A decline in diabetes
By Alex Branch
The surprising announcement that new cases of diabetes in the United States are declining is good news but reinforces the need for greater prevention in minority communities, said Dr. Heather Kitzman-Ulrich, a UNT Health Science Center researcher.
There were 1.4 million new cases of diabetes in 2014, down from 1.7 million in 2008 – the first sustained decline in about 25 years, the U.S. Centers for Disease Control and Prevention reported Tuesday. But while diabetes rates dropped for whites, a statistically significant change was not detected among African-Americans and Hispanics, groups specially targeted by UNTHSC education, prevention and research efforts.
“The report indicates progress in the overall number of new cases, and that’s a good thing,” said Kitzman-Ulrich, PhD, Assistant Professor of Behavioral and Community Health. “But it also shows that a disparity still exists in African-American and Hispanic populations where access to health care, health resources and health literacy remain a significant problem.”
Dr. Kitzman-Ulrich is currently conducting a National Institutes of Health (NIH) study to evaluate a novel approach to obesity and diabetes prevention. She’s teamed up with seven predominately African-American churches to determine if a faith-enhanced adaption of the Diabetes Prevention Program improves success among African-American women.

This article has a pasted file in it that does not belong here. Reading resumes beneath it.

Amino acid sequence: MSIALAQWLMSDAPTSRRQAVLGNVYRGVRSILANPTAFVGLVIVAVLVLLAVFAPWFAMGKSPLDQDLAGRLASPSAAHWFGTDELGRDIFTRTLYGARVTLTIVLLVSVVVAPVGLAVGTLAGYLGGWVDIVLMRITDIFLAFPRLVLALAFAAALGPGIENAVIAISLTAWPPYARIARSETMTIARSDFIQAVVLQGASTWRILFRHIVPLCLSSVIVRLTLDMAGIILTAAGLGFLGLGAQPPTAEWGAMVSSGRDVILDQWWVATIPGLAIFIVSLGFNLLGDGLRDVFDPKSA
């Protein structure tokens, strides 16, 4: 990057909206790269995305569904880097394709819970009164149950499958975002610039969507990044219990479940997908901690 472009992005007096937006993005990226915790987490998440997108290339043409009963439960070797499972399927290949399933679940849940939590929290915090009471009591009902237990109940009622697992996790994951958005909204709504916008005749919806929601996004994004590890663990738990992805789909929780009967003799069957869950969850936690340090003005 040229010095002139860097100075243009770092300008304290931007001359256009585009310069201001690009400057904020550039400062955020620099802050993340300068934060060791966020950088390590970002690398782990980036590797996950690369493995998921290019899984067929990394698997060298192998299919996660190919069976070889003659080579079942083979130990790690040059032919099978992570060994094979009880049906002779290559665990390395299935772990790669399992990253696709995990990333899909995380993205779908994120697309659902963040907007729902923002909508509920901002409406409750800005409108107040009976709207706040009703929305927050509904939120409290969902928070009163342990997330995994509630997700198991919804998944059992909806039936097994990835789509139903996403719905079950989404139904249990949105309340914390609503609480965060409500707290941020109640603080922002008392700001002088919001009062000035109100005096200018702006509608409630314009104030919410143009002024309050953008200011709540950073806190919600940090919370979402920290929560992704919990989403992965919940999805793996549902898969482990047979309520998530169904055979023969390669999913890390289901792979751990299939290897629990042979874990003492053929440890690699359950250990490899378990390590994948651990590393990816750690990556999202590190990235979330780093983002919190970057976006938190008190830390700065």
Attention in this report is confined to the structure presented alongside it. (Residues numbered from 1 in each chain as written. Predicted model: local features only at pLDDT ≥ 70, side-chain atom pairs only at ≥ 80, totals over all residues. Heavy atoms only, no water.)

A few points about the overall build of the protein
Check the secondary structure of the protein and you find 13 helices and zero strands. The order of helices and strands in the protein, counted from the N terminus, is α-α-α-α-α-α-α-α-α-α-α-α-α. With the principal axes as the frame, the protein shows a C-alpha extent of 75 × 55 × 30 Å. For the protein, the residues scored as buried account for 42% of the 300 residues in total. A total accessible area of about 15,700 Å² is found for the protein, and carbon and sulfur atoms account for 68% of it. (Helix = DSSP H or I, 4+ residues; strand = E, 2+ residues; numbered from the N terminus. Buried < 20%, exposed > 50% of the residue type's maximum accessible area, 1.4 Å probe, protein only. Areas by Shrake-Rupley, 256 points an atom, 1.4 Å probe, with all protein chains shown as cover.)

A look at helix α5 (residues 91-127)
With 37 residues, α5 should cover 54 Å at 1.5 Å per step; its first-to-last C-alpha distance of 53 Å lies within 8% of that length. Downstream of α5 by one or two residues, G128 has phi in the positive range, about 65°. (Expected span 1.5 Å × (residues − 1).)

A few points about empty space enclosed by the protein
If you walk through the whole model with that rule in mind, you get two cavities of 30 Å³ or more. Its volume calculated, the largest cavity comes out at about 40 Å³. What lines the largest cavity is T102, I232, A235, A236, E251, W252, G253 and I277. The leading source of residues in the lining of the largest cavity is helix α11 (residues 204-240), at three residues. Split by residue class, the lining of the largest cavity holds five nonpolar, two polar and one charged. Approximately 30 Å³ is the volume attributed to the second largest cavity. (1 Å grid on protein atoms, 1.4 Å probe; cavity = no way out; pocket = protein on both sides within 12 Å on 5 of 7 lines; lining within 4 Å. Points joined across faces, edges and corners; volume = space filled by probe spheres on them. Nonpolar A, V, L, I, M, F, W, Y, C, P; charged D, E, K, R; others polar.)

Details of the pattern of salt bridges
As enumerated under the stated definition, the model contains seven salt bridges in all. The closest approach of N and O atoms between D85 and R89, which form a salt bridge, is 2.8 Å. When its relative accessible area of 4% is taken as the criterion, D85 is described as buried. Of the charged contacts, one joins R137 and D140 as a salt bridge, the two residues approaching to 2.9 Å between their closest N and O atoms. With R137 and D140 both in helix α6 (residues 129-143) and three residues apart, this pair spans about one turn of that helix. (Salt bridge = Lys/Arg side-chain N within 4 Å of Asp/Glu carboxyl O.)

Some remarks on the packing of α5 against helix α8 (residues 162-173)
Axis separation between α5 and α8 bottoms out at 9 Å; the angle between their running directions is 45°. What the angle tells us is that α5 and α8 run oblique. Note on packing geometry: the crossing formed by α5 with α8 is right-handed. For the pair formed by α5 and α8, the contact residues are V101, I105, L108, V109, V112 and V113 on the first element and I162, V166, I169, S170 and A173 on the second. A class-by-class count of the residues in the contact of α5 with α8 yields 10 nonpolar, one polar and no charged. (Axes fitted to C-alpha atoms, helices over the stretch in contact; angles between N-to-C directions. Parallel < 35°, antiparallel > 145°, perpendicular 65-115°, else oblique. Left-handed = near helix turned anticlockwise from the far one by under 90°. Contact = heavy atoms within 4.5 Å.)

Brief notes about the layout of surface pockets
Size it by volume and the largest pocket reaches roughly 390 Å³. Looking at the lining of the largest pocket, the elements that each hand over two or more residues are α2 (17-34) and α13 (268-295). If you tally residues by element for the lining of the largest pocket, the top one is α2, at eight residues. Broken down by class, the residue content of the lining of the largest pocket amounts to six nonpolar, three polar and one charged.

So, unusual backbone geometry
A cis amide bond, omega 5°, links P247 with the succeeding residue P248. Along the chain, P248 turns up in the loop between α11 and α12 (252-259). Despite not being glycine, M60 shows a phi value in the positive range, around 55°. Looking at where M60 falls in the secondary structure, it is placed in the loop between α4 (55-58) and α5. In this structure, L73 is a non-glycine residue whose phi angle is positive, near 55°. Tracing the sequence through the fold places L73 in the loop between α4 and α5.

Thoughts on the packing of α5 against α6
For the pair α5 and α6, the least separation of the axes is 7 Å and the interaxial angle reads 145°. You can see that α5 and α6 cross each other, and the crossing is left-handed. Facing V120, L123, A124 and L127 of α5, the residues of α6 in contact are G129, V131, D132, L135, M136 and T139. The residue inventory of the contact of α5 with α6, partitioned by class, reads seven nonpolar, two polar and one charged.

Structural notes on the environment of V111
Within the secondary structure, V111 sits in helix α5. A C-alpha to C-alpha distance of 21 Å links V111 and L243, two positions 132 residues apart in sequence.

The 16-week curriculum includes pastor-delivered sermons that integrate elements of each week’s material, and church members who volunteer to lead prevention classes for portions of the congregation. Body measurements, lifestyle behaviors, and physiological measures such as blood lipids and blood pressure are being monitored to measure success.
“Many of the women had pre-diabetes and didn’t even know it,” Dr. Kitzman-Ulrich said. “We’ve had an excellent retention rate and the women are making healthy lifestyle changes.
“It’s an example of the Health Science Center using innovative and collaborative strategies to reach underserved populations.”
Other UNTHSC efforts include:
- The 2015 Texas Conference on Health Disparities in June that focused on obesity.
- A research project suggesting that Mexican-American children who show greater adaptation into American culture face increased odds of being at risk for Type 2 diabetes than children who do not similarly adapt.